Harvard’s Actions in Context
As Harvard organizes itself to better use its intellectual capital to address climate change, and to augment that capital, the clock is ticking. On September 10, amid the news reports suggesting that divestment advocacy had overcome Harvard’s resistance and transformed its investing, crude oil futures rose 2.3 percent, reflecting rising demand from a recovering world economy and Gulf of Mexico supplies temporarily shut in by Hurricane Ida. Shares of ExxonMobil, divestment advocates’ favorite target, outperformed a down market.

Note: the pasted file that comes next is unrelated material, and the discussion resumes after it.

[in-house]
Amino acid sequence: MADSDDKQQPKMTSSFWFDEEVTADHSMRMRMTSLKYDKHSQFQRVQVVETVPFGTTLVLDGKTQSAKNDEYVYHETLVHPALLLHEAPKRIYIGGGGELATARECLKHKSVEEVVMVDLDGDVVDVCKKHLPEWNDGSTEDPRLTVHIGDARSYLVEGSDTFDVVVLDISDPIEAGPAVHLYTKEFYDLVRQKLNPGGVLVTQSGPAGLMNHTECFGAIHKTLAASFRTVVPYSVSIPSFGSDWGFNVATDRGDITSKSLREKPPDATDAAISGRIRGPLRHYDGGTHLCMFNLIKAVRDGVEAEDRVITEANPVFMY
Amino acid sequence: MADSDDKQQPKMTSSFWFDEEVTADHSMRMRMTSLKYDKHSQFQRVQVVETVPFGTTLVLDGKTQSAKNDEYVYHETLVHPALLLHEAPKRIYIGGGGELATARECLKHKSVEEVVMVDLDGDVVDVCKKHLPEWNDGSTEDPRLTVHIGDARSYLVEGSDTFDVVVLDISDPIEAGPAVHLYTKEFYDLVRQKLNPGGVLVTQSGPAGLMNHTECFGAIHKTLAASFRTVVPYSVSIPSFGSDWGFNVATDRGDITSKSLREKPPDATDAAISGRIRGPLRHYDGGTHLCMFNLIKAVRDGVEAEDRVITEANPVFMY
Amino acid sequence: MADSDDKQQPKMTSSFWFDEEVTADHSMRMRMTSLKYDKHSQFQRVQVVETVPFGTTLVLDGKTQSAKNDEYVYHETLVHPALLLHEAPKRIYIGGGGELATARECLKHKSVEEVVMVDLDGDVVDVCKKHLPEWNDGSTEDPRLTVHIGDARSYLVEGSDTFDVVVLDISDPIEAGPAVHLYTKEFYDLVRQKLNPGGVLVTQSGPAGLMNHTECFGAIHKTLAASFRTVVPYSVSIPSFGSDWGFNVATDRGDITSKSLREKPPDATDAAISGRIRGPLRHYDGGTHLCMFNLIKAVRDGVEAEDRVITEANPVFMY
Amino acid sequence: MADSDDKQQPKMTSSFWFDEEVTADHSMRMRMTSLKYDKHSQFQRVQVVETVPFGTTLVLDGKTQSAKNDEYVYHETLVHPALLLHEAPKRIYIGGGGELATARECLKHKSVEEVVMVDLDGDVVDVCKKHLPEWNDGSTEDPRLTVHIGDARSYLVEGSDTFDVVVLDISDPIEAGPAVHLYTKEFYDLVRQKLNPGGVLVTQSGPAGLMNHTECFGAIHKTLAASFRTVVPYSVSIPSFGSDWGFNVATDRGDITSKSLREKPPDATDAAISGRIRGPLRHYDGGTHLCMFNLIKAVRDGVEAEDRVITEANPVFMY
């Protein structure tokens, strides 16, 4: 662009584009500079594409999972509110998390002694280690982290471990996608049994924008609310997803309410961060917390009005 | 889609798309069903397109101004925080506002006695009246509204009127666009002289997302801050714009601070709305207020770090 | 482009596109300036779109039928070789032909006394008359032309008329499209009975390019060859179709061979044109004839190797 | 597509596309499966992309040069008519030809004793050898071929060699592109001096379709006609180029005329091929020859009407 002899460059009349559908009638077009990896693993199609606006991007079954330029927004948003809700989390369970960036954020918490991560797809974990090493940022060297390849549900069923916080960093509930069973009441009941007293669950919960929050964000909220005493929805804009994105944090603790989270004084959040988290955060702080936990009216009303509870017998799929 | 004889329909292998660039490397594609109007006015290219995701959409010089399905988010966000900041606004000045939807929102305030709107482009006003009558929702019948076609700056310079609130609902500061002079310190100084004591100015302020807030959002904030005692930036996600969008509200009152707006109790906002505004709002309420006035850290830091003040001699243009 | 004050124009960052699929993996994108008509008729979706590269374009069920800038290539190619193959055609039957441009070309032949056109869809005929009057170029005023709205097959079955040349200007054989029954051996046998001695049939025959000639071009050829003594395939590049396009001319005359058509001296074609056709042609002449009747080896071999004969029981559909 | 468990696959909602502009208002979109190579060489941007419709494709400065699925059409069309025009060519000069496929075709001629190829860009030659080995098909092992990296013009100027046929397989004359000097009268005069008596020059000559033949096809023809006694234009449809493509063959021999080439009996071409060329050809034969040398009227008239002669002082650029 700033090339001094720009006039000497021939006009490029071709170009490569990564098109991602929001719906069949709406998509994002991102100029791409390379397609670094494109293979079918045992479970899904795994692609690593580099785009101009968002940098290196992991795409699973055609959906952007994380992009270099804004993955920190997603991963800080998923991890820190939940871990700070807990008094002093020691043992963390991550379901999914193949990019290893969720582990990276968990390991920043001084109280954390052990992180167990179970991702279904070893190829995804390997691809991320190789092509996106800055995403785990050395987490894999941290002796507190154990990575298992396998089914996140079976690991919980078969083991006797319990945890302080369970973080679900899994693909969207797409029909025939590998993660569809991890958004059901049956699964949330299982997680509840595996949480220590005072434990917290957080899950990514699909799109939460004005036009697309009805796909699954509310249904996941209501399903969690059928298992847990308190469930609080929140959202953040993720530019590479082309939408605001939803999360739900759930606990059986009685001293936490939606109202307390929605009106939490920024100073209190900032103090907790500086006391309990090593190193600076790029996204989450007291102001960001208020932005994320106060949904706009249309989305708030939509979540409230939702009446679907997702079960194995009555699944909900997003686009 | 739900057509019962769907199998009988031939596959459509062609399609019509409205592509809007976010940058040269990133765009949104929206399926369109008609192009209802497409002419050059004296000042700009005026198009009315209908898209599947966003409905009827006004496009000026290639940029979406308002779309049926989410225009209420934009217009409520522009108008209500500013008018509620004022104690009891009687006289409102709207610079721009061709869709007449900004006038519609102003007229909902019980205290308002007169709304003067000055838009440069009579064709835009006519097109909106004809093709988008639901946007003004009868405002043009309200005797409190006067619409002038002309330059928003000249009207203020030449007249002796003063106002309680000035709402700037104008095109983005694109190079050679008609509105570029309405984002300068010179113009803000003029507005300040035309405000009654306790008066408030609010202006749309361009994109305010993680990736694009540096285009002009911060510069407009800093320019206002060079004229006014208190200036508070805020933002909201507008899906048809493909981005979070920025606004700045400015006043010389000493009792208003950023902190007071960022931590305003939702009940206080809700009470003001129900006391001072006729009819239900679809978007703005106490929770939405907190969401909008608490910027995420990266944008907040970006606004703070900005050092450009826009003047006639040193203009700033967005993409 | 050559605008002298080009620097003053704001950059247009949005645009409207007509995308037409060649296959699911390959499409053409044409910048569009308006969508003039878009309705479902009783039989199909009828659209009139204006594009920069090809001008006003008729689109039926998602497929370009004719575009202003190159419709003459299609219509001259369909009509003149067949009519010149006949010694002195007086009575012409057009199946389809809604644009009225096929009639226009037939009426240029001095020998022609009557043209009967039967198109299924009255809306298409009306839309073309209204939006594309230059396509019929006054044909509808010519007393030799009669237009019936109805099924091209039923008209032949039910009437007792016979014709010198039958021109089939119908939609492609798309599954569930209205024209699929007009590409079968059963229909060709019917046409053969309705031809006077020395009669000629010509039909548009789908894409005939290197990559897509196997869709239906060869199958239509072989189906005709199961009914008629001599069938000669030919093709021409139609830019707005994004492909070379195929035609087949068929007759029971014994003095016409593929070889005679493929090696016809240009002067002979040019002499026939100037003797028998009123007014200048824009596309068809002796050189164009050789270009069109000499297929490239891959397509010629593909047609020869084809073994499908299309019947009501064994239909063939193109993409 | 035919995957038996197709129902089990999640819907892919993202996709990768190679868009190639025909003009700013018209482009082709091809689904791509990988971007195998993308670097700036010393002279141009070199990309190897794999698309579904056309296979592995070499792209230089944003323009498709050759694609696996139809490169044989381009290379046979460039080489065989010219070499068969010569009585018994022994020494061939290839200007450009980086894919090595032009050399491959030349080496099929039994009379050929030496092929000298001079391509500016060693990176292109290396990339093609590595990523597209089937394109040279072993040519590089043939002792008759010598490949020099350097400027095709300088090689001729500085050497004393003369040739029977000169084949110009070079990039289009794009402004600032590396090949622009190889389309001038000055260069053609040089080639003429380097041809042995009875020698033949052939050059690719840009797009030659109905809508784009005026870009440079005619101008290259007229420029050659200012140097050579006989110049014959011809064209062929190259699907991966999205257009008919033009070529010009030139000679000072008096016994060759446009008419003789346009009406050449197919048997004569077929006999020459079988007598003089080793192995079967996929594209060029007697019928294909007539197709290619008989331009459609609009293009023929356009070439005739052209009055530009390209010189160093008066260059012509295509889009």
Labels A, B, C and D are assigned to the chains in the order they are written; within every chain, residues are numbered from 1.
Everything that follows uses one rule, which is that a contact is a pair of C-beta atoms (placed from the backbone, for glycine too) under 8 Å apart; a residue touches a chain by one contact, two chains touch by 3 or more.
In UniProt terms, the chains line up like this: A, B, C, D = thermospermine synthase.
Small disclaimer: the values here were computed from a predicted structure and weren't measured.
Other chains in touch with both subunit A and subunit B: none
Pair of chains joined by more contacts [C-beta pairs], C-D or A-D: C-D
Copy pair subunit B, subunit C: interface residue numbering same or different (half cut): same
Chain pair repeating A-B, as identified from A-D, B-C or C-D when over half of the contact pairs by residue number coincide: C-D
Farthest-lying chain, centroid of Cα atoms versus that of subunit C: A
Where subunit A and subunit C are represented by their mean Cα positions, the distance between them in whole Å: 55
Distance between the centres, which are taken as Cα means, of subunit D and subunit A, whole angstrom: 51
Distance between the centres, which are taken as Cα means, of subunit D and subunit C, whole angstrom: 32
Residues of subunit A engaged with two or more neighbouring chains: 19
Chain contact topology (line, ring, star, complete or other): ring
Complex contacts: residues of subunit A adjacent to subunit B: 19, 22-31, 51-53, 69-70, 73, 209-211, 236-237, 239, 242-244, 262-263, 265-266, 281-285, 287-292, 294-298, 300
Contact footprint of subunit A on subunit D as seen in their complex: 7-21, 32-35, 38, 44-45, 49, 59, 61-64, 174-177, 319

In its fiscal year 2021 annual report, the University of Virginia Investment Management Company noted that real assets produced a 49 percent investment return—and mentioned that oil prices had rebounded more than 80 percent during the year, recovering from the pandemic low: a source of huge profit for some traders, if not necessarily Virginia itself. And on September 13, the Organization of Petroleum Exporting Countries raised its forecast for world oil consumption in 2022 to nearly 101 million barrels per day: more than pre-pandemic use, and up 4.2 million barrels daily (about 175 million gallons) from this year. Between the demand and the supply, plenty of incentives still exist for fossil-fuel consumption. The world is going to continue to heat up.